it clear what happened before the birth, but concerning what happen after it
makes yourself draw a conclusionŠ Because if he would have known her and had
her as a normal wife. How is it possible for Our Lord to give her, as
unprotected and without anybody else, to his disciple and command him to
take her to his home?²[1]   
Firstborn (Luke 2:7)
Yet another word in the New Testament that is used as Œproof¹ against the
perpetual virginity of Mary is that Jesus is called her ³firstborn² in Luke
2:7. Also this text needs to be read in the Greek original. In Greek it
says: ³prototokos² (In Syrian ³bro bokro²). ³The fact is that the title
³firstborn² only says that there was not any child before Jesus and
therefore he had the privilege and rights that the Hebrew tradition gives to
the firstborn (Ex. 13:2; Num. 3:12-13; 18:15-16). Luke mentions it here to
prepare for the presentation at the temple in chap. 2:22-23 as was the
privilege of the firstborn. That the name ³prototokos² not need to mean more
children afterwards is clear from a tomb of the Jewess Arisone, near the
ancient Leontopolis in Egypt, dated back to 5 BC. The Greek text says that
³In the pains of giving birth to my firstborn (prototokos) fait led me to
the end of my life². If she died while giving birth to her firstborn
(prototokos) it is clear that she could not have given birth to any more
children² (The Birth of the Messiah, page 398).
³The Greek word firstborn ³prototokos² is continually used in the O.T.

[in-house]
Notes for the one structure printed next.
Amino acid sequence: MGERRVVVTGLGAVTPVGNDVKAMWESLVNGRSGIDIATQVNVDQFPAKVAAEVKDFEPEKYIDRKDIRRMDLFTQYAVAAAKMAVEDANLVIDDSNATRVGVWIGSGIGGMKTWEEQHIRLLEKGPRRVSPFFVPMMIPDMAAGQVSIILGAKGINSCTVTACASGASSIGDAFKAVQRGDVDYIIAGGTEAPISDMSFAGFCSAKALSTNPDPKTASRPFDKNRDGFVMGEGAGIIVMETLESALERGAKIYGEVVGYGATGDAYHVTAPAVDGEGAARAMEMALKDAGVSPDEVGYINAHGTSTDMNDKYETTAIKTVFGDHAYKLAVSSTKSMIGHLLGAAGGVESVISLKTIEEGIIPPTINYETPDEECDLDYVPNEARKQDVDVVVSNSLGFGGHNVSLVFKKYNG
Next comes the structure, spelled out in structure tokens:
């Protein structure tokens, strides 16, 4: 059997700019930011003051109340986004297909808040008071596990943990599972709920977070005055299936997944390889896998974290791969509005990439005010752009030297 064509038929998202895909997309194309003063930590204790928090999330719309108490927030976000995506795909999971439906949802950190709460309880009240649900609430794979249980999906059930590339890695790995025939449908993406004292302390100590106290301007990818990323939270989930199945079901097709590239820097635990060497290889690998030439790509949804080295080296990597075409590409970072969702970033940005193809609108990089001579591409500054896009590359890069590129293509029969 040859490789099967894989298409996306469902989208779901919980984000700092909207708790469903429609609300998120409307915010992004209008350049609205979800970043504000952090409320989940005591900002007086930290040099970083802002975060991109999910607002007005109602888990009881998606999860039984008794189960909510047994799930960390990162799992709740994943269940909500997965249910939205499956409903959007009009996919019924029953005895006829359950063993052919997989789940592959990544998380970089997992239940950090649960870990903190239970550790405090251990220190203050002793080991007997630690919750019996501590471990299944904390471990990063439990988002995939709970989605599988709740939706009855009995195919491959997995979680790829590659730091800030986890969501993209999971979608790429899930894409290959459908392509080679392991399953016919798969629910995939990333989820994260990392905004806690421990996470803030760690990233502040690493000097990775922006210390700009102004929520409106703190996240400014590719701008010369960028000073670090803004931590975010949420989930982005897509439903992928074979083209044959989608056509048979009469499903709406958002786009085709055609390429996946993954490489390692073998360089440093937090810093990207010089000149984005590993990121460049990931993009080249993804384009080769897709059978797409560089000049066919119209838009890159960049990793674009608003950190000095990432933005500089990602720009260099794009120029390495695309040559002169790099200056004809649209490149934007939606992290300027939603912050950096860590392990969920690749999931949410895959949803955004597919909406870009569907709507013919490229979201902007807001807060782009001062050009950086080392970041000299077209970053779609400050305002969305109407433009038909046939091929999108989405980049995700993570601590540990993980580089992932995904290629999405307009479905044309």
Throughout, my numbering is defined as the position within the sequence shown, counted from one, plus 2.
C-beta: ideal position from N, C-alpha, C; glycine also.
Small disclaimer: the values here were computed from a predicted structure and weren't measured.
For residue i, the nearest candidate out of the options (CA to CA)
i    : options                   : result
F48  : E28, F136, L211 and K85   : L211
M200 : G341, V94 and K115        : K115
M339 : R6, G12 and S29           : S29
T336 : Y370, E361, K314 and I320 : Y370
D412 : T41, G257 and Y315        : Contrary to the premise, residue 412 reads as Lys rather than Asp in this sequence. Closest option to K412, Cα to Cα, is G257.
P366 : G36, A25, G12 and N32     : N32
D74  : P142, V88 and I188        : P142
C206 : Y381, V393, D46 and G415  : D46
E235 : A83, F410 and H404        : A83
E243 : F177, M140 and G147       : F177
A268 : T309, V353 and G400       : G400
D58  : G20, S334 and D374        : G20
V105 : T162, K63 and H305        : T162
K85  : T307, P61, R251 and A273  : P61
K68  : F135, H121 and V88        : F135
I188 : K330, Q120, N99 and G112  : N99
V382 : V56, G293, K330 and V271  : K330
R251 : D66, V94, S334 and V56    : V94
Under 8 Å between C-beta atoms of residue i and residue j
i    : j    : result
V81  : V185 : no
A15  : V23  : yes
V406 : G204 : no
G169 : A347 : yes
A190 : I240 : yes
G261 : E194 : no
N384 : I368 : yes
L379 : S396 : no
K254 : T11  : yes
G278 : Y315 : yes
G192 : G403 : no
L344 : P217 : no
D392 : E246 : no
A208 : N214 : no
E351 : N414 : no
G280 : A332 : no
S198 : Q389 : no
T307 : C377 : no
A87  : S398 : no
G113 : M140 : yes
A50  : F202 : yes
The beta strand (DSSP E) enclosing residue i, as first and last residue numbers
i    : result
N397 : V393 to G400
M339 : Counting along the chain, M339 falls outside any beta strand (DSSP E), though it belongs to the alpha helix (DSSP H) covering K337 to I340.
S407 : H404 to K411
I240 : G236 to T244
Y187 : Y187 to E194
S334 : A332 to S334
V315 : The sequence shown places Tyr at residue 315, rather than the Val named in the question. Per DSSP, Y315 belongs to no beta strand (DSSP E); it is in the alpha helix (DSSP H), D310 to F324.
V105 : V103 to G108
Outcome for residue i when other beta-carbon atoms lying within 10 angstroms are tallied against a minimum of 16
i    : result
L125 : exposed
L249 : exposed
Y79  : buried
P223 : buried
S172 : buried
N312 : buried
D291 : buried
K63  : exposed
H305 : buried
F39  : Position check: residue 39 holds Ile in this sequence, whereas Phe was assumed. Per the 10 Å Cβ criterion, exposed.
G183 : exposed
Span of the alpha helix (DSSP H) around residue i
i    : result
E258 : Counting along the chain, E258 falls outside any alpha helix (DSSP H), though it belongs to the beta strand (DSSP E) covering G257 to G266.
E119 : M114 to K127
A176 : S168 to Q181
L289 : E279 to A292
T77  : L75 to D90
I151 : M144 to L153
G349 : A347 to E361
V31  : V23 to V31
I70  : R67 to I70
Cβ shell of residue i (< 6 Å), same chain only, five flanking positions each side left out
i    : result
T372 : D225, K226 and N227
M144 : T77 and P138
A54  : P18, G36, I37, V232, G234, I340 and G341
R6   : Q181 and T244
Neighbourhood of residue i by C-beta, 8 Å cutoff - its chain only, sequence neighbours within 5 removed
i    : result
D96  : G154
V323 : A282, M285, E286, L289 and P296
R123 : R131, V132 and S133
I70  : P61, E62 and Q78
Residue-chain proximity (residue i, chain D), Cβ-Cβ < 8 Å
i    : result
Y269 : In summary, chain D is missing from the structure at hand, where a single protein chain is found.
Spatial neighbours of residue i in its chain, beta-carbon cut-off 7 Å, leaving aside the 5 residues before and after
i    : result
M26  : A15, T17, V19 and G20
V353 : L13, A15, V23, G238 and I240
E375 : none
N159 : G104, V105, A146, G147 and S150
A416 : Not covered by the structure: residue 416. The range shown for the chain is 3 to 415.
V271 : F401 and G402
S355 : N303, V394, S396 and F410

(Greek text) for the child that would continue the name of the tribe and to
receive the double share in the possessions of the forefathers (Genesis 27;
Deut. 21:17). In some cases this name proved of a strong messianic
importance: by the firstborn (prototokos) the patriarchal blessing was
mediated (Gen. 27) and Israel¹s religious inheritance was mediated by the
firstborn (prototokos²) (Ex. 4:22; Rom. 8:29; Col. 1:18). The strong Jewish
character of the birth story in Luke¹s Gospel explains the use of the word
³prototokos² instead of ³monogenes² (only born)² (The Jerome Biblical
Commentary, The Gospel According to Luke, page 124)

Thus we see that Jesus is called ³firstborn² of totally different reasons
than that the Virgin Mary would have given birth to several other children.

[1] Nicene and Post-Nicene Fathers of the Christian Church Vol X Johannes
Chrysostomos Homilies on the Gospel of Matthew, Homily V, 5, Matt. 1:23 f,
s.33, WM. B. Eerdmans publishing company, Michigan, 1986,USA